SF State ranks among national leaders for producing minority graduates
June 28, 2010 -- SF State is ranked 14th nationally for awarding undergraduate degrees to minority students, according to a report published in Diverse Issues in Higher Education magazine on June 10.The University also ranked high in the number of graduate degrees awarded to minorities according to a July 8 report in the magazine.
SF State awarded 2,615 baccalaureate degrees to minorities during the 2008-09 academic year, representing 48 percent of the graduating students. The University ranked ninth for awarding undergraduate degrees to Asian Americans in all disciplines, and 27th for awarding undergraduate degrees to Hispanic graduates.
The University ranked 24th in the nation for the number of master’s degrees awarded to Asian Americans and 45th in master's degrees awarded to Hispanic students. SF State ranked 100th for graduate degrees conferred on Native Americans.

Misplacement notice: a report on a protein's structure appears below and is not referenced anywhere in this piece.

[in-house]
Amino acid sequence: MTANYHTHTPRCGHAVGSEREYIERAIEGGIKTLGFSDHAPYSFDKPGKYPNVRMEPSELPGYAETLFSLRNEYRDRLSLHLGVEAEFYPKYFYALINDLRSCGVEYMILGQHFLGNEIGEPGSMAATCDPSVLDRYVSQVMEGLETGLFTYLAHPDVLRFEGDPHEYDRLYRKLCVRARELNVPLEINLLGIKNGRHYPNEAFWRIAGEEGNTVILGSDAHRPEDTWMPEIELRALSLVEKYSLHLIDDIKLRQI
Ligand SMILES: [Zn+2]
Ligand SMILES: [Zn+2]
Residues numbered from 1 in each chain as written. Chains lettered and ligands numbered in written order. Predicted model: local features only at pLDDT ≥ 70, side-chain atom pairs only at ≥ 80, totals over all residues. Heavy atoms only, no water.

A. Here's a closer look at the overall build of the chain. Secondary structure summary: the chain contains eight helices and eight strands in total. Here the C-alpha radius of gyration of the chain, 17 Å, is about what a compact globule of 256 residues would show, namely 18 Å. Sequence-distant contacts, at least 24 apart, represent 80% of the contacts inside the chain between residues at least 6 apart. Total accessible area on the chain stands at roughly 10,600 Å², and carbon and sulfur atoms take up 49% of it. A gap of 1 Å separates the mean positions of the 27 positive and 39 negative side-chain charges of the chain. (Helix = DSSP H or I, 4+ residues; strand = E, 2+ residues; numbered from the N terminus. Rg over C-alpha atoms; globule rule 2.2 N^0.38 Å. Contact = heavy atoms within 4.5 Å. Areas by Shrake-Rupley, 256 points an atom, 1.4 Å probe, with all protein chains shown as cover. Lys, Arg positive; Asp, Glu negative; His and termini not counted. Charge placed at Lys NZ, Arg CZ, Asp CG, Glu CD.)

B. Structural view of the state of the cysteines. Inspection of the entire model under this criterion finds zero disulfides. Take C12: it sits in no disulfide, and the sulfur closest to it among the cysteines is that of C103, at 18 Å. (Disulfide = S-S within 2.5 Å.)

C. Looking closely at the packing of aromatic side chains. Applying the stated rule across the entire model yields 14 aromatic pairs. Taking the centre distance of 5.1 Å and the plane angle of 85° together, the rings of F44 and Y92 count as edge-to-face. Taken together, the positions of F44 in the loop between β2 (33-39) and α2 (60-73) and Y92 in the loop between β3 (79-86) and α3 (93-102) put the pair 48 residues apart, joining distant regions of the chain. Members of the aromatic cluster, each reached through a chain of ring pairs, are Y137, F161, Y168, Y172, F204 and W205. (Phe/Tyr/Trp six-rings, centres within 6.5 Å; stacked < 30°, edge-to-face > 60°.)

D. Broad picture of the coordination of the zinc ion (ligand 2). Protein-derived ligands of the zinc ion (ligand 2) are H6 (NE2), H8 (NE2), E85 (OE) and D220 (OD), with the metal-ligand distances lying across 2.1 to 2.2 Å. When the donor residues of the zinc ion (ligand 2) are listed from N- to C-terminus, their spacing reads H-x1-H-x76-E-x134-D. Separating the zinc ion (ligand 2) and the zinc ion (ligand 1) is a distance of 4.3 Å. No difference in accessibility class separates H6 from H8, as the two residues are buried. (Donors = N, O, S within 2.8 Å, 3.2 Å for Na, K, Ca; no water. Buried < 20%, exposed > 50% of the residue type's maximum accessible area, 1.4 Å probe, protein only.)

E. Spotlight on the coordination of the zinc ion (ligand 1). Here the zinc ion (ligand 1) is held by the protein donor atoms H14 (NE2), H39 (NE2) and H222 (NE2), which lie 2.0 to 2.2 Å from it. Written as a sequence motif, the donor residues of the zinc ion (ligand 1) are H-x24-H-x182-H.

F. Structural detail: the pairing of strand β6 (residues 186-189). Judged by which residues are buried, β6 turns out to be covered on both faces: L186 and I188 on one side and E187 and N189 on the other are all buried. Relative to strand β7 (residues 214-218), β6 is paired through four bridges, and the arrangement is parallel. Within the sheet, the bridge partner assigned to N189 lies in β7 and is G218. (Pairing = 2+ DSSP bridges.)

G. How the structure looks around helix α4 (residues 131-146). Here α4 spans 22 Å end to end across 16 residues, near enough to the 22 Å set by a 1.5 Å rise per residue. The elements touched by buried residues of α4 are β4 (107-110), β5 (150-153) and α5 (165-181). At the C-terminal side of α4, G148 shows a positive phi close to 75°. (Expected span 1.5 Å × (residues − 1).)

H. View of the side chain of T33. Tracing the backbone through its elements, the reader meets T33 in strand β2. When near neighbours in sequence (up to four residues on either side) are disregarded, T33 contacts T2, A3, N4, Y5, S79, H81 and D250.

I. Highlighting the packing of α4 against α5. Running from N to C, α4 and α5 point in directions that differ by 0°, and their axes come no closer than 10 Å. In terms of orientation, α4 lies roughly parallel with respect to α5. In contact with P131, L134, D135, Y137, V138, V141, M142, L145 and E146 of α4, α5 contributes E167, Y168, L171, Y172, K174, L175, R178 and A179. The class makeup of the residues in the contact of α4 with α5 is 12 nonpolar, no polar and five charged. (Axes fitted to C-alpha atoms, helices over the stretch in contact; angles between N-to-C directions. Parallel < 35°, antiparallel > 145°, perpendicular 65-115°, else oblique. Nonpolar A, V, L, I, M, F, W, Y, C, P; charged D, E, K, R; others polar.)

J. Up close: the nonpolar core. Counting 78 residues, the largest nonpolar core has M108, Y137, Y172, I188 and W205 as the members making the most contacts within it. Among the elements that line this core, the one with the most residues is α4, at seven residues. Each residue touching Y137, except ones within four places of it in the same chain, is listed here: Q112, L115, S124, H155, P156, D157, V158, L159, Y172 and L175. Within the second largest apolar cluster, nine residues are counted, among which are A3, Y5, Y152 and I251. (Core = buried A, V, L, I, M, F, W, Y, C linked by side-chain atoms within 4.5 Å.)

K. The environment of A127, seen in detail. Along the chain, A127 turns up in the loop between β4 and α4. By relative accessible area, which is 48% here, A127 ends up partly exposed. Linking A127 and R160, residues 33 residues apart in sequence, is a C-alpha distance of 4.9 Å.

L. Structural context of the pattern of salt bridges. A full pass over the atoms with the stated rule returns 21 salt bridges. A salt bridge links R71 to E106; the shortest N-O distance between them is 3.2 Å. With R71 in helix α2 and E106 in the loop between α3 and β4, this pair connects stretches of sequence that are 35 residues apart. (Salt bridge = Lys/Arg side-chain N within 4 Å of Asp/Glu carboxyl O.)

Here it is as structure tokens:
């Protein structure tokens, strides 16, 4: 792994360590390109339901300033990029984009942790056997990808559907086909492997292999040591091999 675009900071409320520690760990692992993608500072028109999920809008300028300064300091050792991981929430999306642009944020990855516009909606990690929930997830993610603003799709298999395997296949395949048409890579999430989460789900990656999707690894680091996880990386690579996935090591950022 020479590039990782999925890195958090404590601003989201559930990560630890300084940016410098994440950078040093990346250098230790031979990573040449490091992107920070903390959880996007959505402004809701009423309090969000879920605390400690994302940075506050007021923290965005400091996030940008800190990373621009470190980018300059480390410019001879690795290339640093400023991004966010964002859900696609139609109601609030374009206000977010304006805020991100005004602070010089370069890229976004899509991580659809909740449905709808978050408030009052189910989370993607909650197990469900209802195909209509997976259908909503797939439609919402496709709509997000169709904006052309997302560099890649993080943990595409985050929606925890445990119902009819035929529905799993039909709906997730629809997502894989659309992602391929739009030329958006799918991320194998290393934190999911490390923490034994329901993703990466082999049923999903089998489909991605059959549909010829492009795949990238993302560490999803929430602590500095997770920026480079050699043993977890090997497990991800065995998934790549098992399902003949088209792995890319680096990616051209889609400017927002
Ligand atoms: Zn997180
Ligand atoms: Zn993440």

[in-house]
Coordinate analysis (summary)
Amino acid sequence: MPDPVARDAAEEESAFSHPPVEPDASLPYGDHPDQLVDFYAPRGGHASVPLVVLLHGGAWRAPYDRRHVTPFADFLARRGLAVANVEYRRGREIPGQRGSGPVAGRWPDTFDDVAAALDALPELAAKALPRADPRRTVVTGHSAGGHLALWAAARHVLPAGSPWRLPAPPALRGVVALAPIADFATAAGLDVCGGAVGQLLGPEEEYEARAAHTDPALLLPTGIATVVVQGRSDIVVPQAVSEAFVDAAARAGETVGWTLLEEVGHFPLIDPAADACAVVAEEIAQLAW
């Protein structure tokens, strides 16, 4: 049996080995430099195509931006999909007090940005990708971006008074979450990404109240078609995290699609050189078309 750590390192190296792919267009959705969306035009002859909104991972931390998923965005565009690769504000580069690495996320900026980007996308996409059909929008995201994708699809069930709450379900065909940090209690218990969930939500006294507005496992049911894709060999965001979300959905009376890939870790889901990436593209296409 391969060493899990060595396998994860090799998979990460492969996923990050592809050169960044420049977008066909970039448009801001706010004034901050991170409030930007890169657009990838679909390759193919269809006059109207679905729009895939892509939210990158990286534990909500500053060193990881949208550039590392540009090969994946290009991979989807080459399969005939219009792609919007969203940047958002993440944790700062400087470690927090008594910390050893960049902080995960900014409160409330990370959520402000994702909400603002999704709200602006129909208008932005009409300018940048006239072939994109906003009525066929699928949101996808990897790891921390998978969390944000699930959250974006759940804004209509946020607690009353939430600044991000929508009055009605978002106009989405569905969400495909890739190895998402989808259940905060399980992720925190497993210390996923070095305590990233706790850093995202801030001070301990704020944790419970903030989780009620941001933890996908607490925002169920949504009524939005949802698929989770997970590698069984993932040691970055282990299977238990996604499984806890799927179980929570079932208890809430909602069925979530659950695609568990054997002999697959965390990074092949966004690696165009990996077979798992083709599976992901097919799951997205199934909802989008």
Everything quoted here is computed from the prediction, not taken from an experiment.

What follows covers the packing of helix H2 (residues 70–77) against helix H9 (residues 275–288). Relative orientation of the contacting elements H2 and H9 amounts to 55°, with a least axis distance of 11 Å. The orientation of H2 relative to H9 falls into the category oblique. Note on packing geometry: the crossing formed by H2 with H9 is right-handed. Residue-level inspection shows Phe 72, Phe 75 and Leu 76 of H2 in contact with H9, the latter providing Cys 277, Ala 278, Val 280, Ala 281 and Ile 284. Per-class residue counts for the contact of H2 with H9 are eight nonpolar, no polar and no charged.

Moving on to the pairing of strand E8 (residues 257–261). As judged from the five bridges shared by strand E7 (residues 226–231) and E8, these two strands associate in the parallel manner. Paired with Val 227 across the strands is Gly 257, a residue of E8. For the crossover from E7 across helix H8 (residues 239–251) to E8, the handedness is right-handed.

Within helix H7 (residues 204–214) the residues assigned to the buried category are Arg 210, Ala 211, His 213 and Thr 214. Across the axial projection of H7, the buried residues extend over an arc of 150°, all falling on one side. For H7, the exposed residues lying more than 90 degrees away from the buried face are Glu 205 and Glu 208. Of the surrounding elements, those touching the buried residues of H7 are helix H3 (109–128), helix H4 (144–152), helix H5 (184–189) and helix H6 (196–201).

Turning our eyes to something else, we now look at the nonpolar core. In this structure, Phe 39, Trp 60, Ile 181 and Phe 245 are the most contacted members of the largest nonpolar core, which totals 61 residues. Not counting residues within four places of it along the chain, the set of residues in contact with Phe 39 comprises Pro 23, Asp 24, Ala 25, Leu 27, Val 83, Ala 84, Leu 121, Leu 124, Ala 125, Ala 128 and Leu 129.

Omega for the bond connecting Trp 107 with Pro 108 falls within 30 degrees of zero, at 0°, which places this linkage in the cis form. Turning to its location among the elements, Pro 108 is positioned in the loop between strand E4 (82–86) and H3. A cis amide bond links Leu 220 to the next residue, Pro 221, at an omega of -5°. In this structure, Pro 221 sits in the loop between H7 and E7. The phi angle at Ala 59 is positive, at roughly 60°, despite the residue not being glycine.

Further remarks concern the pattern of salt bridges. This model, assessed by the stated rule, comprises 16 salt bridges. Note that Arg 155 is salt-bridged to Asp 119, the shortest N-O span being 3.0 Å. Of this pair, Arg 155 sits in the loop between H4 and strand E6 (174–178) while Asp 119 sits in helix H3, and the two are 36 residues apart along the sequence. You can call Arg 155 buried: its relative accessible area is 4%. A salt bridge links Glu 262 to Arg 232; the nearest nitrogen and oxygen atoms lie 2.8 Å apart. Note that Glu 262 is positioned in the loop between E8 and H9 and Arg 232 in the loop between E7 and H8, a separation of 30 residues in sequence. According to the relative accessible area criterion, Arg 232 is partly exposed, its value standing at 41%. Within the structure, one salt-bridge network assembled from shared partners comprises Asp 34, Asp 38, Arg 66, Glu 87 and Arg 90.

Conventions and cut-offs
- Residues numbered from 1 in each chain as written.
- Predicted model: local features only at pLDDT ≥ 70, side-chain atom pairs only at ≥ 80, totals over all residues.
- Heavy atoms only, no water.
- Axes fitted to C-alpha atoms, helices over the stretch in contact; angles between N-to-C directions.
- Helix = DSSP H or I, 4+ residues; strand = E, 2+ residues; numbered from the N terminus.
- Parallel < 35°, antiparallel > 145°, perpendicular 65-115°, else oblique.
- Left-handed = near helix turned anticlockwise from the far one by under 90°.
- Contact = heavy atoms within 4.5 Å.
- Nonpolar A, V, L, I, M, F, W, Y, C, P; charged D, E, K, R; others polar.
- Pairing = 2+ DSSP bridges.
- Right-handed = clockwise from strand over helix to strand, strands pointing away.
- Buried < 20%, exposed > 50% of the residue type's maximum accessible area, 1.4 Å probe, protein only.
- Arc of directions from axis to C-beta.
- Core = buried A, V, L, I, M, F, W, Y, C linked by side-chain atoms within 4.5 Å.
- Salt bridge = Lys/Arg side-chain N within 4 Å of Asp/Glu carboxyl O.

“Our commitment to fostering a diverse campus community is an essential part of our commitment to social justice,” SF State President Robert A. Corrigan said. “We are pleased by the recognition, but there is still much work to do.”
The Diverse Issues in Higher Education report reflects data collected for the 2008-09 academic year and is the second round in a three-year transition to new racial/ethnic categories.
Other highlights from the survey report that SF State ranked:
- Second in education degrees to Asian Americans, and 20th in education degrees to Hispanics;
- Fourth in business degrees to Asian Americans;
- Seventeenth in biological and biomedical sciences degrees to Asian Americans and 41st in similar degrees to Hispanics.
- Twentieth in social sciences and history degrees to Asian Americans and 28th in similar degrees to Hispanics.
The University has long been committed to increasing access to higher education for minorities. Such programs as SF ROCKS and Step to College have demonstrated SF State’s commitment to social justice and ensured educational opportunities for students of minority backgrounds.
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